Why Bullying Is So Common in Japan

Christopher Carr over at The Inductive reports about Japanese corporate hazing, which is basically a form of bullying. It’s quite common in Japan, and what makes it so problematic is that adult bullying is often sanctioned by the organizations within which it takes place. Because it is so culturally normalized that they cannot see that it’s actually bullying.

My theory on why this happens in Japan is that it comes from the common misunderstanding of the methods used in achieving enlightenment in Zen Buddhism. Just as the teaching of Christ is misinterpreted by White Supremacists, many Japanese see the rituals and the customs of Zen Buddhism, and mindlessly imitate them without understanding what motivates those rituals and customs. A Zen master often treats his disciples in a manner that comes across as abusive, so the popular culture of Japan interprets this as a sign that abuse leads to enlightenment. This in turn encourages people in power to behave as though they are Zen masters. They abuse those who are below them while rationalizing in their heads that they are doing something noble or even altruistic.

Carl Jung describes this phenomenon eloquently in his book “The Archetypes and the Collective Unconscious.” He tells a story of a sorcerer and his disciples. One day, the sorcerer attained enlightenment. His disciples asked him how he did it, but the sorcerer made no reply. They discovered peculiar diagrams in the cave where the sorcerer attained enlightenment. They said to themselves, “That’s it!” and began copying the diagrams. The point of this story is that by repeating the diagrams, they have reversed the entire process. The diagrams to the sorcerer were effects, not the cause of his enlightenment.

What is particularly insidious about bullying in Japan is that it even manifests in a father-to-son relationship. “Gaman”, which means somewhere between “discipline” and “patience”, is lauded as the most important quality a man should have, and is pounded into children’s heads. What is entirely lacking in this lesson is the purpose: For what should they develop this quality?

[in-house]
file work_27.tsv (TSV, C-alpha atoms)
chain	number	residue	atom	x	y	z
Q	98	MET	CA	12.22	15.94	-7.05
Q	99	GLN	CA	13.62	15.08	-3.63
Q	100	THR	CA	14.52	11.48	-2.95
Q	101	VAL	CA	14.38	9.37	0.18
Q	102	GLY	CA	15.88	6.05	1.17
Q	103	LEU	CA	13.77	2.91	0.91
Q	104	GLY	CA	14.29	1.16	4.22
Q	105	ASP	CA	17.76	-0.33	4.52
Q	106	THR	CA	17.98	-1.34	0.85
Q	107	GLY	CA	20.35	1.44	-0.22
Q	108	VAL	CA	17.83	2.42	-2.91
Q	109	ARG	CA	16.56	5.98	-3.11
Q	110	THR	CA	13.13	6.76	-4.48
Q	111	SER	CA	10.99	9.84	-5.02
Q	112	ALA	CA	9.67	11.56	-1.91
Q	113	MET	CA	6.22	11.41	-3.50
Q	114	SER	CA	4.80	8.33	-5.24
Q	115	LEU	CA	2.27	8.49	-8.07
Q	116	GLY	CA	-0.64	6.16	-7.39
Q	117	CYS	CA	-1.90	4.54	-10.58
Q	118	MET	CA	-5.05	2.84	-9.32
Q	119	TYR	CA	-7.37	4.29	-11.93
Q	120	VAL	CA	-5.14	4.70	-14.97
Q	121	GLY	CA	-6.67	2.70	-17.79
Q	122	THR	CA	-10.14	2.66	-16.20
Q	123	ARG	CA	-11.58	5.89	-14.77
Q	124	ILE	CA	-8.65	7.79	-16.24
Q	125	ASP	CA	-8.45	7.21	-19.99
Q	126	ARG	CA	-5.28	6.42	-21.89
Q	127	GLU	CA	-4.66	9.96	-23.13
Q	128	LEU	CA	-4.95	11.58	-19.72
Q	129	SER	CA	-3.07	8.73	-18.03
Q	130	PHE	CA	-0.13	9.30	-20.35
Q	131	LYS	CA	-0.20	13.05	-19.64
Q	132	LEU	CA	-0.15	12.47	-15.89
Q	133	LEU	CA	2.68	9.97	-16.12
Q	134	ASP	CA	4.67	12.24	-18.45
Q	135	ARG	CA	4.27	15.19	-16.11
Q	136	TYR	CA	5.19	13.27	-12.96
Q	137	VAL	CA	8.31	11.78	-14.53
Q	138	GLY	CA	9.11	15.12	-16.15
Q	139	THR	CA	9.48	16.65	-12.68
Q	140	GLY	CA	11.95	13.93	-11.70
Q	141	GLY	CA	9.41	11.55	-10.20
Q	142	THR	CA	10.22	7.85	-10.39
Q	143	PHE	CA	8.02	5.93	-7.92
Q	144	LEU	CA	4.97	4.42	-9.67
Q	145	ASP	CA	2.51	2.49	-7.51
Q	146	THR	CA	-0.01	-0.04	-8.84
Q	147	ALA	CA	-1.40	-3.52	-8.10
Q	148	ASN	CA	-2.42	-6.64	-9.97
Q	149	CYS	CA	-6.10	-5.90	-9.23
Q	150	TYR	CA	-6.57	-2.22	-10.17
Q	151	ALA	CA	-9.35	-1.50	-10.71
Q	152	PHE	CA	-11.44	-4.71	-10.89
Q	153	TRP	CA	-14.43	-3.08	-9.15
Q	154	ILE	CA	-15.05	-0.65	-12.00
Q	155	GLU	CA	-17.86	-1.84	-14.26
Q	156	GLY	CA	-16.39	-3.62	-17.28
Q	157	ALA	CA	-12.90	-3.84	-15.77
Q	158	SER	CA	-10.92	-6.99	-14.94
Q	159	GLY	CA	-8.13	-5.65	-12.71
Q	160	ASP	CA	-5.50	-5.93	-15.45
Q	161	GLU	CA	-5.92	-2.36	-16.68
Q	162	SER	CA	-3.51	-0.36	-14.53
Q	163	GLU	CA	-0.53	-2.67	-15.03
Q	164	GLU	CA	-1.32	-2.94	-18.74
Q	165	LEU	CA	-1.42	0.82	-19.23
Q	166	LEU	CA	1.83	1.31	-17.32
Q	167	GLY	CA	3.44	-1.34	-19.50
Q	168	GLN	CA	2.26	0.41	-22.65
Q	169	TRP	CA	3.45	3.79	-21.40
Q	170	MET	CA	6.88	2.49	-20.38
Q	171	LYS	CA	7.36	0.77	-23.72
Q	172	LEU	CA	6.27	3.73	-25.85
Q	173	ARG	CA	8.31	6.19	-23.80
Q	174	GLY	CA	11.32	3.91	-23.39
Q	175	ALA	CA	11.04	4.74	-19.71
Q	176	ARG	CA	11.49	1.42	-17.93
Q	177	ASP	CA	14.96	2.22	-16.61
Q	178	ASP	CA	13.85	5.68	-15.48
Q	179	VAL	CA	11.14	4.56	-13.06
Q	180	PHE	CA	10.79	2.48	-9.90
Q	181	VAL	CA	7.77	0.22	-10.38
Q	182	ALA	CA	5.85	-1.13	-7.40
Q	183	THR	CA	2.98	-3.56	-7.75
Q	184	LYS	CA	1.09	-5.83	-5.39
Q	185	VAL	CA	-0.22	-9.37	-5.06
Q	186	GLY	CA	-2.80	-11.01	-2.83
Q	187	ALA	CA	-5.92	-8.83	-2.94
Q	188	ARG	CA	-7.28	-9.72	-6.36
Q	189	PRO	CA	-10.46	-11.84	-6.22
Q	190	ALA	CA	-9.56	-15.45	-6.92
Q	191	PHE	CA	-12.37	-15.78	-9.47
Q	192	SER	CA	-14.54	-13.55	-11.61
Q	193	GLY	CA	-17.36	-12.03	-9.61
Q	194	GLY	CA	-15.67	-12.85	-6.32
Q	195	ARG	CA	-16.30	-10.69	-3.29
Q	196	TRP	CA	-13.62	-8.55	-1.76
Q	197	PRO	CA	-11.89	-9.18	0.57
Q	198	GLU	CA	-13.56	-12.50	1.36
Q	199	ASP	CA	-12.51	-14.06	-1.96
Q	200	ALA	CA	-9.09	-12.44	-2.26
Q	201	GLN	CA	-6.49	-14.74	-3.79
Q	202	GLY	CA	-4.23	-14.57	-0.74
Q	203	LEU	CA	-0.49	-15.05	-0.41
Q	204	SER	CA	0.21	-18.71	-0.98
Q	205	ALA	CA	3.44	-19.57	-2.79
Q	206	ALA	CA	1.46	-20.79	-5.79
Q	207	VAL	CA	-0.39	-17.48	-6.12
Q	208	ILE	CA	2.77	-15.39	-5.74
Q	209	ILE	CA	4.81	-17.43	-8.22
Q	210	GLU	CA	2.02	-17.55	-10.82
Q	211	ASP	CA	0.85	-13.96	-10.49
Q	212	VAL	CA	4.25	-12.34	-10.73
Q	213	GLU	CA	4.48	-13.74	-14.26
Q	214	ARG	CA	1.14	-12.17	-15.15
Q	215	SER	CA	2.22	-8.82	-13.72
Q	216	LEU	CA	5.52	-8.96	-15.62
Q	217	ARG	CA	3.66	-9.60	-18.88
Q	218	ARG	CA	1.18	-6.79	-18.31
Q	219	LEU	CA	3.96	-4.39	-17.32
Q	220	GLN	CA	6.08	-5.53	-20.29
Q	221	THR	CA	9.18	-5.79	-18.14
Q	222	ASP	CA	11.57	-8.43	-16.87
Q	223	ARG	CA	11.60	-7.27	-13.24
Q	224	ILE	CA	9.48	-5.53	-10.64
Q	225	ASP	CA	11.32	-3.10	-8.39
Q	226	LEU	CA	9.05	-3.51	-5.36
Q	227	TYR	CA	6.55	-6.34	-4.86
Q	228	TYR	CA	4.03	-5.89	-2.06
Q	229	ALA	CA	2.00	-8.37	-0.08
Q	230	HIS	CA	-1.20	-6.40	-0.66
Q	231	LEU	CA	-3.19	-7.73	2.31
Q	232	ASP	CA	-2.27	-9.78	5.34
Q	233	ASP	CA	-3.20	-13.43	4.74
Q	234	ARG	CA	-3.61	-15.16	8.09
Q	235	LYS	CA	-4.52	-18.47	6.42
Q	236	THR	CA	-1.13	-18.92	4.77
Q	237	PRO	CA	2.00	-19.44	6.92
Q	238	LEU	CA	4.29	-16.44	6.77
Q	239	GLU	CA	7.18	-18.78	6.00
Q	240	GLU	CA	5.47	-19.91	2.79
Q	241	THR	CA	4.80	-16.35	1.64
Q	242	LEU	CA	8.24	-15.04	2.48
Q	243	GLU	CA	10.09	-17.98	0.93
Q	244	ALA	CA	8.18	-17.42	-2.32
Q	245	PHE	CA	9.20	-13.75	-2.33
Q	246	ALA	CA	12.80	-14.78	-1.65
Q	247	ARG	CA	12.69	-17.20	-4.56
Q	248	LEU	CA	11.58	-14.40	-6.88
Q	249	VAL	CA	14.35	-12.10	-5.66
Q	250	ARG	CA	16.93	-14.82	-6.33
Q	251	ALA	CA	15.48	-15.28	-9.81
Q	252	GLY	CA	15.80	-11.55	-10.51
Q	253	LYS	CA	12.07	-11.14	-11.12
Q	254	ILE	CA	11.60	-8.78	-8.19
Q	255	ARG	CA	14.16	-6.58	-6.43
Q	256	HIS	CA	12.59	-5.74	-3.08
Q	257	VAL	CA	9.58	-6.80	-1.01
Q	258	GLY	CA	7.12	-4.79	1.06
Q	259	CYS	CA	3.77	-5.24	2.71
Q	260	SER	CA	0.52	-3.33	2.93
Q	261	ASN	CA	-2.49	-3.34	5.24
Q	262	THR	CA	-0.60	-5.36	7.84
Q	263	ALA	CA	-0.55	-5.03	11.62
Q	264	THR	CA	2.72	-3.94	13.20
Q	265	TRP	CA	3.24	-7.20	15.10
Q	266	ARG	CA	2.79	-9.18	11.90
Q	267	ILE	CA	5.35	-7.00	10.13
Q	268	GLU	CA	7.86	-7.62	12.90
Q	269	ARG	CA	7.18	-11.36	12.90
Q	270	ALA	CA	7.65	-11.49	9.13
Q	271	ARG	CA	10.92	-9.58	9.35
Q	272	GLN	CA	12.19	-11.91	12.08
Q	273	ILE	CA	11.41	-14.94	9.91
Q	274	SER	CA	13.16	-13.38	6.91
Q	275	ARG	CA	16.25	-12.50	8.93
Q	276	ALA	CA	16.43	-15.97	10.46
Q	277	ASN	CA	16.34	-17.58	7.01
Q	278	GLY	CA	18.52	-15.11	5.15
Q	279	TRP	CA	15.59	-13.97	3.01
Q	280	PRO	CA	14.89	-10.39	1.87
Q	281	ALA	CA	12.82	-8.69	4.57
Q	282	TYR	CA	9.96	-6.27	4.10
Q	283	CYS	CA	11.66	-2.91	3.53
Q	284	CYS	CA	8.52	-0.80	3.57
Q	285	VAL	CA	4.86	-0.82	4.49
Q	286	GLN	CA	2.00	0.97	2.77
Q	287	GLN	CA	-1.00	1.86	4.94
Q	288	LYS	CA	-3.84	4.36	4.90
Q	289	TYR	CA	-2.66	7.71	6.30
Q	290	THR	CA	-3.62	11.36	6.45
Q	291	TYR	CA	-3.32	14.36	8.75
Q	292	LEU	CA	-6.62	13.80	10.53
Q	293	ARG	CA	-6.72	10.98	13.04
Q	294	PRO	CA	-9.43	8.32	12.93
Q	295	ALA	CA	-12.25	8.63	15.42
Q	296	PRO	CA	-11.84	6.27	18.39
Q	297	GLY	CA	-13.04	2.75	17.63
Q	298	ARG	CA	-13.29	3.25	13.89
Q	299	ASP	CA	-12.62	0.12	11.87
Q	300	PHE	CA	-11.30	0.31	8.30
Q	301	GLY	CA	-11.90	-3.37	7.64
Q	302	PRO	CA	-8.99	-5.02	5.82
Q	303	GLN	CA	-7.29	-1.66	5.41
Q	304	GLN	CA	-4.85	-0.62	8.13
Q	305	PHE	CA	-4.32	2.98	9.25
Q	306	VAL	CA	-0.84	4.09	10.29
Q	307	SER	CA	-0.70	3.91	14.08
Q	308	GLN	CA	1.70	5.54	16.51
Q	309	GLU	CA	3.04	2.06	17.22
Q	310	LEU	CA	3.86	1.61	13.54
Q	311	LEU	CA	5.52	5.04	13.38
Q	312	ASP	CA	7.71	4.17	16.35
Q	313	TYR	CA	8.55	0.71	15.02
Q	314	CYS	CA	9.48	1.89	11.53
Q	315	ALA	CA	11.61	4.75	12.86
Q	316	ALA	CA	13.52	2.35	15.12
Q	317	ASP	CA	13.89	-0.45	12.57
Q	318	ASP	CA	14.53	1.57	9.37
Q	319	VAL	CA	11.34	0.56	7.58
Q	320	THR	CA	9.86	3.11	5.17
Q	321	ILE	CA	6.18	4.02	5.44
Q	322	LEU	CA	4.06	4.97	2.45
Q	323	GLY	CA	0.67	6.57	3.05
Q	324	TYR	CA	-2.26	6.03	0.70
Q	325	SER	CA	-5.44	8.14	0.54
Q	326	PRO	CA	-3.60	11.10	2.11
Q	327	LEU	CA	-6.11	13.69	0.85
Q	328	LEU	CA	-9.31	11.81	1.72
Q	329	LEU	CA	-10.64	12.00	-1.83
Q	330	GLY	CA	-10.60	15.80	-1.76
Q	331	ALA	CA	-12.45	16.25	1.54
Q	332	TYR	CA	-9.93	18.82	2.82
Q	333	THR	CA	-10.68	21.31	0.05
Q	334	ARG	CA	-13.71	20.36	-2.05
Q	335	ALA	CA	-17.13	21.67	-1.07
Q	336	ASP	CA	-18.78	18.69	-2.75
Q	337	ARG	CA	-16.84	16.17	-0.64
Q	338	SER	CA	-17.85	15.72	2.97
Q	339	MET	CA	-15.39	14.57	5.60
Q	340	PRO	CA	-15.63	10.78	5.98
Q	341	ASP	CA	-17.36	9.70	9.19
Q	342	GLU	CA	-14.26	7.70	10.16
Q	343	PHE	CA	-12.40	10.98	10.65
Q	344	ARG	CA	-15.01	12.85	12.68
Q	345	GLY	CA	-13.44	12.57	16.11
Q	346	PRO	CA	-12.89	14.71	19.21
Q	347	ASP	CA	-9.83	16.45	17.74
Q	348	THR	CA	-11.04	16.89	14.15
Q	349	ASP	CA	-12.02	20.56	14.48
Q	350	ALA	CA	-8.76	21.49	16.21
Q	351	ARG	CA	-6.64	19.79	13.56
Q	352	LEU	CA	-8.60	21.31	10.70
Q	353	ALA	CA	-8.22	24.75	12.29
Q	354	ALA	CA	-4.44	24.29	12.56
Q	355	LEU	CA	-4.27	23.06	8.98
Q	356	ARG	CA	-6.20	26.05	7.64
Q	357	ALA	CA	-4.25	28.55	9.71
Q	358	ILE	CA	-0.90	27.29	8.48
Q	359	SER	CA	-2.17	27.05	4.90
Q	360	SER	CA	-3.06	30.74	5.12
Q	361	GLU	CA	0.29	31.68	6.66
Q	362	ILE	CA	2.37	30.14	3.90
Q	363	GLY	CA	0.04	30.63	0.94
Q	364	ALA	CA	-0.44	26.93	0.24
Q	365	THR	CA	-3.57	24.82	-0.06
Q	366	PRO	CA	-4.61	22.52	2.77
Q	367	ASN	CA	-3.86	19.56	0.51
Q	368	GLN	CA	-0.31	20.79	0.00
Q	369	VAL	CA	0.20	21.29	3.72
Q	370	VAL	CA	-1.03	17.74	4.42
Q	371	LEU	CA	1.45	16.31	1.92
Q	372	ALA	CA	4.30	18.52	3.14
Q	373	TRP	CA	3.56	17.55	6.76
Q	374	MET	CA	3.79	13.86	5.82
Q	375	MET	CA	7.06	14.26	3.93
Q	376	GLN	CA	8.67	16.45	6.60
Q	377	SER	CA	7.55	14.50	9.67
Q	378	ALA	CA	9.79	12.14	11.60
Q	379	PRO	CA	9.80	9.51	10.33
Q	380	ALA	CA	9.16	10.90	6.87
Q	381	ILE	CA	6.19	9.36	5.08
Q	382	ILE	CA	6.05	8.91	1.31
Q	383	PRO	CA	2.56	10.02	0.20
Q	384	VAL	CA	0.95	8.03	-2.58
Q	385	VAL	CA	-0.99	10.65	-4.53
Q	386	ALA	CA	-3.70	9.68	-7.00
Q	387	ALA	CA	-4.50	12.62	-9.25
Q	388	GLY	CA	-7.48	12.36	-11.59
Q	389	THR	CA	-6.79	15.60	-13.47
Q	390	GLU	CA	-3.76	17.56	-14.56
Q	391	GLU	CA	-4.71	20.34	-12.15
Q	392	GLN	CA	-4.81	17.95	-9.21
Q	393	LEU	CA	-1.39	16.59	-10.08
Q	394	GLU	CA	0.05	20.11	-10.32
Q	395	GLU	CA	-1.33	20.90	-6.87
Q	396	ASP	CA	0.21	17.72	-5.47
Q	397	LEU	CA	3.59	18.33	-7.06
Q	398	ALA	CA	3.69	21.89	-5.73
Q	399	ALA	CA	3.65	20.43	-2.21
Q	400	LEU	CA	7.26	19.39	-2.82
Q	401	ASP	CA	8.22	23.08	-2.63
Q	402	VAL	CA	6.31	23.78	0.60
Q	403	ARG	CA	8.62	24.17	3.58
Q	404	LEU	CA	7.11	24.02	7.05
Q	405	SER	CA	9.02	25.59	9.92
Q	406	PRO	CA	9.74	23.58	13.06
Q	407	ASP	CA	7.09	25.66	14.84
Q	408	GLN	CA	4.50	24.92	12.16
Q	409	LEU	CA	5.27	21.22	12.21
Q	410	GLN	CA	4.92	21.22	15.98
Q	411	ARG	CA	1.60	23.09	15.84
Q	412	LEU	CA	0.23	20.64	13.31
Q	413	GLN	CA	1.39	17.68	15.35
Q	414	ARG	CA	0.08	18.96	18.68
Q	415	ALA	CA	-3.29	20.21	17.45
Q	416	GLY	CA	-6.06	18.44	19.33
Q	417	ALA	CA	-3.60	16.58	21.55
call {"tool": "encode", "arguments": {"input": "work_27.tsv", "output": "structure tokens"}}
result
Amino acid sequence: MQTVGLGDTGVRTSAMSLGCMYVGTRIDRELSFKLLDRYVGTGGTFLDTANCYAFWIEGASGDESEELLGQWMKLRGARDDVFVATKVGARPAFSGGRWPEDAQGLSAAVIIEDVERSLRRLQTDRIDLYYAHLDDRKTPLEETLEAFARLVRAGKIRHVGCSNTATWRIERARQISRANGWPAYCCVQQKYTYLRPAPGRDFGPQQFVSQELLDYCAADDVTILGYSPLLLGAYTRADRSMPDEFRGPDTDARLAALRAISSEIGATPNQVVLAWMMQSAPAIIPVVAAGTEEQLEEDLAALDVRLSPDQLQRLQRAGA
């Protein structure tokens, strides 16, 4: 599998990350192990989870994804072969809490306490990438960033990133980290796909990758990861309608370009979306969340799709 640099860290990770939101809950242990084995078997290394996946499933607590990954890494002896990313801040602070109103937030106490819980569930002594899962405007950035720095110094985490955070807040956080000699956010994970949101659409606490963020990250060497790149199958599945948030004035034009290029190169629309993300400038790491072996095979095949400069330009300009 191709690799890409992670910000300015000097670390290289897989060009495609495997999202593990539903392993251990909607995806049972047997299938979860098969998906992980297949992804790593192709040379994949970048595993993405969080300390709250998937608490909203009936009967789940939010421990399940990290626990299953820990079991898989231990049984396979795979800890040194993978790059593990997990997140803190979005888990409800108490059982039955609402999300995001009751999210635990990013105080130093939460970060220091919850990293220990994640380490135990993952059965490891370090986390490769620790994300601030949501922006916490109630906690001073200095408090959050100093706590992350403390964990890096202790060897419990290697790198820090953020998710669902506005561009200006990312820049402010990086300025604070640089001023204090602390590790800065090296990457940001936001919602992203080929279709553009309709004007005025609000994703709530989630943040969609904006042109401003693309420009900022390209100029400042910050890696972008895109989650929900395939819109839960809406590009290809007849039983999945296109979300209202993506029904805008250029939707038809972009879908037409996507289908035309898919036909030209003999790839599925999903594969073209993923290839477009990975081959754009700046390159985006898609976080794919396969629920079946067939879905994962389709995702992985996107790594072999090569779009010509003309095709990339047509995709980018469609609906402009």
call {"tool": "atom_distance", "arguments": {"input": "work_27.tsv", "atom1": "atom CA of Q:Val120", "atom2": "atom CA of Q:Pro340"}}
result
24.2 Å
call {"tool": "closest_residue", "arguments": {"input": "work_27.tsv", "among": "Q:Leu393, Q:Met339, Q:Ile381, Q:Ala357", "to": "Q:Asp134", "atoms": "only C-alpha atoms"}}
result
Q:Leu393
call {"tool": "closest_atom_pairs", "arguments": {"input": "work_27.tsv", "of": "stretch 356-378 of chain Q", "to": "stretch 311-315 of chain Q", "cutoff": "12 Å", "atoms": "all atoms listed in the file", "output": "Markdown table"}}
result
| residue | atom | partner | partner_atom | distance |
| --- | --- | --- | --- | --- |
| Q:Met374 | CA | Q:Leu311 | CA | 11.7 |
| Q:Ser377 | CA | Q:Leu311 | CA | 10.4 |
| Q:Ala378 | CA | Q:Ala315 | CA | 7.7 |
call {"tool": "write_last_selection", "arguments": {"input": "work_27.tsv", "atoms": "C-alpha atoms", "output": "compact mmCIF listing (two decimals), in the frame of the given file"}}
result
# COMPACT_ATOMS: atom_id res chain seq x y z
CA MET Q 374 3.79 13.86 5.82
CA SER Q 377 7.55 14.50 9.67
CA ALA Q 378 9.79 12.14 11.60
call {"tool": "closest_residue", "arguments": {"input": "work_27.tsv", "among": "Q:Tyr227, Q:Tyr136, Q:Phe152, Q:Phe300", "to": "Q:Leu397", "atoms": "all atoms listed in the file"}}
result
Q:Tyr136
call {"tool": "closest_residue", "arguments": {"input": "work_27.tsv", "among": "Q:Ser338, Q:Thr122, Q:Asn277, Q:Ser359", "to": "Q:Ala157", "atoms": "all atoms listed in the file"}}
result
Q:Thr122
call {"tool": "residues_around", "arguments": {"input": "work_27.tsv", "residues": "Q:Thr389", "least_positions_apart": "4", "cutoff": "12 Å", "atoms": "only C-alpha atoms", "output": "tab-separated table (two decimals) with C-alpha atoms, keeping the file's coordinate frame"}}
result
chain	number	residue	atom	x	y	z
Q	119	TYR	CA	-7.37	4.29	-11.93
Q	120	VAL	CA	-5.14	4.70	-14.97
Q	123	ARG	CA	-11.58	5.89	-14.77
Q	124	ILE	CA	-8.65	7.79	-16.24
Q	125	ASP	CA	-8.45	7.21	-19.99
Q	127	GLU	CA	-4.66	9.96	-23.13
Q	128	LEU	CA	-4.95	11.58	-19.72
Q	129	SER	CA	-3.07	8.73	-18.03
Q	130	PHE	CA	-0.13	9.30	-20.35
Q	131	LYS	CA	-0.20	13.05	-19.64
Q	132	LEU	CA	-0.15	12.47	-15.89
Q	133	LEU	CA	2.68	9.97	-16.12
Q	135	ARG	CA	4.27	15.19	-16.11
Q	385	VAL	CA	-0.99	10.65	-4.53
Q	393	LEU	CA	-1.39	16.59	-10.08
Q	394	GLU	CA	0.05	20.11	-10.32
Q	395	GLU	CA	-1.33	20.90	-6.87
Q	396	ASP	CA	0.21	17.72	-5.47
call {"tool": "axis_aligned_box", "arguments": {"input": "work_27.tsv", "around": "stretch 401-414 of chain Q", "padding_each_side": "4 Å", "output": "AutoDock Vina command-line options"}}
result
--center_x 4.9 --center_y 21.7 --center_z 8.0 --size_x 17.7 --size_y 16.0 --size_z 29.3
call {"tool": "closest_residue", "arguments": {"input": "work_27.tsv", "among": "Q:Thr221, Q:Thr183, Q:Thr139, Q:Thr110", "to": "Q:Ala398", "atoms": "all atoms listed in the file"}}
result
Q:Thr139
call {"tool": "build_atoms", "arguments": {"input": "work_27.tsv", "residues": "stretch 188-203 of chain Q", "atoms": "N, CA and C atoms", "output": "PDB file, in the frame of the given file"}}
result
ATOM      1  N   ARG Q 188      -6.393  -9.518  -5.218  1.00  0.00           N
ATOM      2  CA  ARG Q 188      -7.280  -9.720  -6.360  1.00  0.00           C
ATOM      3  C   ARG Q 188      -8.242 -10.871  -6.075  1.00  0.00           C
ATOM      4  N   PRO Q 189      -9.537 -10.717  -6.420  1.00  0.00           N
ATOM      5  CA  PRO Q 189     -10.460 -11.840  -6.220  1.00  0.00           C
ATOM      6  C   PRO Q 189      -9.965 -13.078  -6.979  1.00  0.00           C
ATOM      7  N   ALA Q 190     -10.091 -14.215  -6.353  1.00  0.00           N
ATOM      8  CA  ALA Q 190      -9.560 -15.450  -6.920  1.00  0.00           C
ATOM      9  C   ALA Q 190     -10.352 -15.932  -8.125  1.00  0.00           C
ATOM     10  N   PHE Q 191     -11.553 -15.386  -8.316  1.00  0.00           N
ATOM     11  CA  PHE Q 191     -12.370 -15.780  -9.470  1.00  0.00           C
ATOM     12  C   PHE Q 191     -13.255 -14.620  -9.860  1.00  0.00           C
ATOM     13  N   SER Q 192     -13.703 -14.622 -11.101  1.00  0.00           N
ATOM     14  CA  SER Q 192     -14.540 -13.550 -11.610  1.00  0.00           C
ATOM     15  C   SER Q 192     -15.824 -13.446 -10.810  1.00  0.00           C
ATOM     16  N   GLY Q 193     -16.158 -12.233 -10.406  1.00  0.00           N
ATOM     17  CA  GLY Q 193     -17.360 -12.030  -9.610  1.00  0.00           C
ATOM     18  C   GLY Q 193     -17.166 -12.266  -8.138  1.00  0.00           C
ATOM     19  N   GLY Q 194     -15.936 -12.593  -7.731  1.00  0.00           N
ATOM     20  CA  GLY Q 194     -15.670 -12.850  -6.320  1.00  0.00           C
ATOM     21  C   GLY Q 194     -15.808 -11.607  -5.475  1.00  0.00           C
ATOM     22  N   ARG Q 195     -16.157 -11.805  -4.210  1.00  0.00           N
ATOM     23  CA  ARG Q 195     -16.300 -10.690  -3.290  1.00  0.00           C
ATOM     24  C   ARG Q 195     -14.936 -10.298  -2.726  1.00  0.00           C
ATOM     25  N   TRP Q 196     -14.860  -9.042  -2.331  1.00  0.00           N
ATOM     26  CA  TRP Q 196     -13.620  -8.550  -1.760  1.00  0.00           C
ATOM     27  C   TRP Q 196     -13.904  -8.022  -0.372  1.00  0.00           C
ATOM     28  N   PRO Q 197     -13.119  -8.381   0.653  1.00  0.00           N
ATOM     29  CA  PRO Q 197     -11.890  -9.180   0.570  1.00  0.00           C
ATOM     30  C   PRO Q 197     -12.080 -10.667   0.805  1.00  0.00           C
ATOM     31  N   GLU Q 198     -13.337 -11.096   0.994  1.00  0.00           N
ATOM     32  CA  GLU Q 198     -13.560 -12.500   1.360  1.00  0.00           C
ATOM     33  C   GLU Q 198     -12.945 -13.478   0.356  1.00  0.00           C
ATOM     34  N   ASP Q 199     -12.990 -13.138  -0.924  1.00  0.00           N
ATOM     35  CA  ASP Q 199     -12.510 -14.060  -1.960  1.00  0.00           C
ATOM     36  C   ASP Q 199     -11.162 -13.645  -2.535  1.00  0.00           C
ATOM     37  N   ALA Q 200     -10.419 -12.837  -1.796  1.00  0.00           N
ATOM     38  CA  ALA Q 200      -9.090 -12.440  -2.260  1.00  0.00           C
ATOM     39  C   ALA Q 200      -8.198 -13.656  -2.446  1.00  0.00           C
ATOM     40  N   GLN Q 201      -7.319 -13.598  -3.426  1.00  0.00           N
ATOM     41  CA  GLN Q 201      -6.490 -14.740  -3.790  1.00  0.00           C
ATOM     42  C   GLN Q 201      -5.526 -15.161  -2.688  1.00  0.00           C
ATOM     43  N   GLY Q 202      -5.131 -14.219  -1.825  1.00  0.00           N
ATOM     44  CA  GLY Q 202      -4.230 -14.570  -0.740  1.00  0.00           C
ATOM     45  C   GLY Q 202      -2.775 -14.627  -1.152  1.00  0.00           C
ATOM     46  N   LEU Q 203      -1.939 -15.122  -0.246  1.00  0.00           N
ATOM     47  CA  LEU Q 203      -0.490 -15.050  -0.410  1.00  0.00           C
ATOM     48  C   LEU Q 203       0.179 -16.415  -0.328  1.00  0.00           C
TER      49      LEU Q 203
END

Kurosawa’s “Ikiru” provides a great example of how this manifests in Japanese organizations. The main character of the film, Watanabe, is a middle-aged salary-man who worked all his life in a government office just passing time, thinking that he is being virtuous because he is sacrificing himself for his kids. Meanwhile, his kids don’t even appreciate what he does for them. What Watanabe does not realize, until he learns that he has terminal stomach cancer, is that using someone else other than himself as his reason to live is in fact an excuse not to face the meaning of life for himself. By using his kids as a justification for his own existence, he can avoid asking himself why he should be living. Facing the reality of death, he realizes that, if he were to live, he needs to have his own reason. He needs to know or feel inside why he wants to live.

This realization is utterly lacking in the vast majority of Japanese who abuse their underlings and children. They use their positions of power to make themselves feel superior, and to give themselves justifications for why they are living. Because they are only copying the ritualistic facade of Zen Buddhism, their abuse causes nothing but misery for both the abusers and the abused.

When you know why you want to live, when the reason for living is self-evident, you live a life full of passion. You do not feel that you “have to” live (for someone else), but you want to. Everything you do is driven by what you want to do, which includes having and raising children. In such a state of mind, there is no “sacrifice” whatsoever. You would never use your own children as an excuse for you to live.

When your life is full of passion, “discipline” or “patience” comes naturally. There is no need for you to be trained for it. The strength of your passion will allow you to tolerate most anything. If you cannot, then what you should question is not your capacity for discipline and patience, but the strength of your passion. This is precisely what Zen masters are testing when they treat their disciples in a manner that appears abusive to outsiders. They are not training them to be patient; they want to know how strong their passion is to achieve enlightenment. Where there is no passion, there is no point in being patient whatsoever.

I myself suffered the effects of this common misunderstanding of Zen Buddhism while growing up in Japan. Ultimately it was the main reason why I decided to leave Japan. When properly understood, Zen and the Japanese culture are beautiful, but the misunderstanding of their own culture is rampant in Japan. But I now see that people are the same everywhere. The misunderstanding of Christianity is rampant in the West too. So, now I accept it as human nature, and that’s why, I believe, Kurosawa’s “Ikiru” has such a universal appeal.

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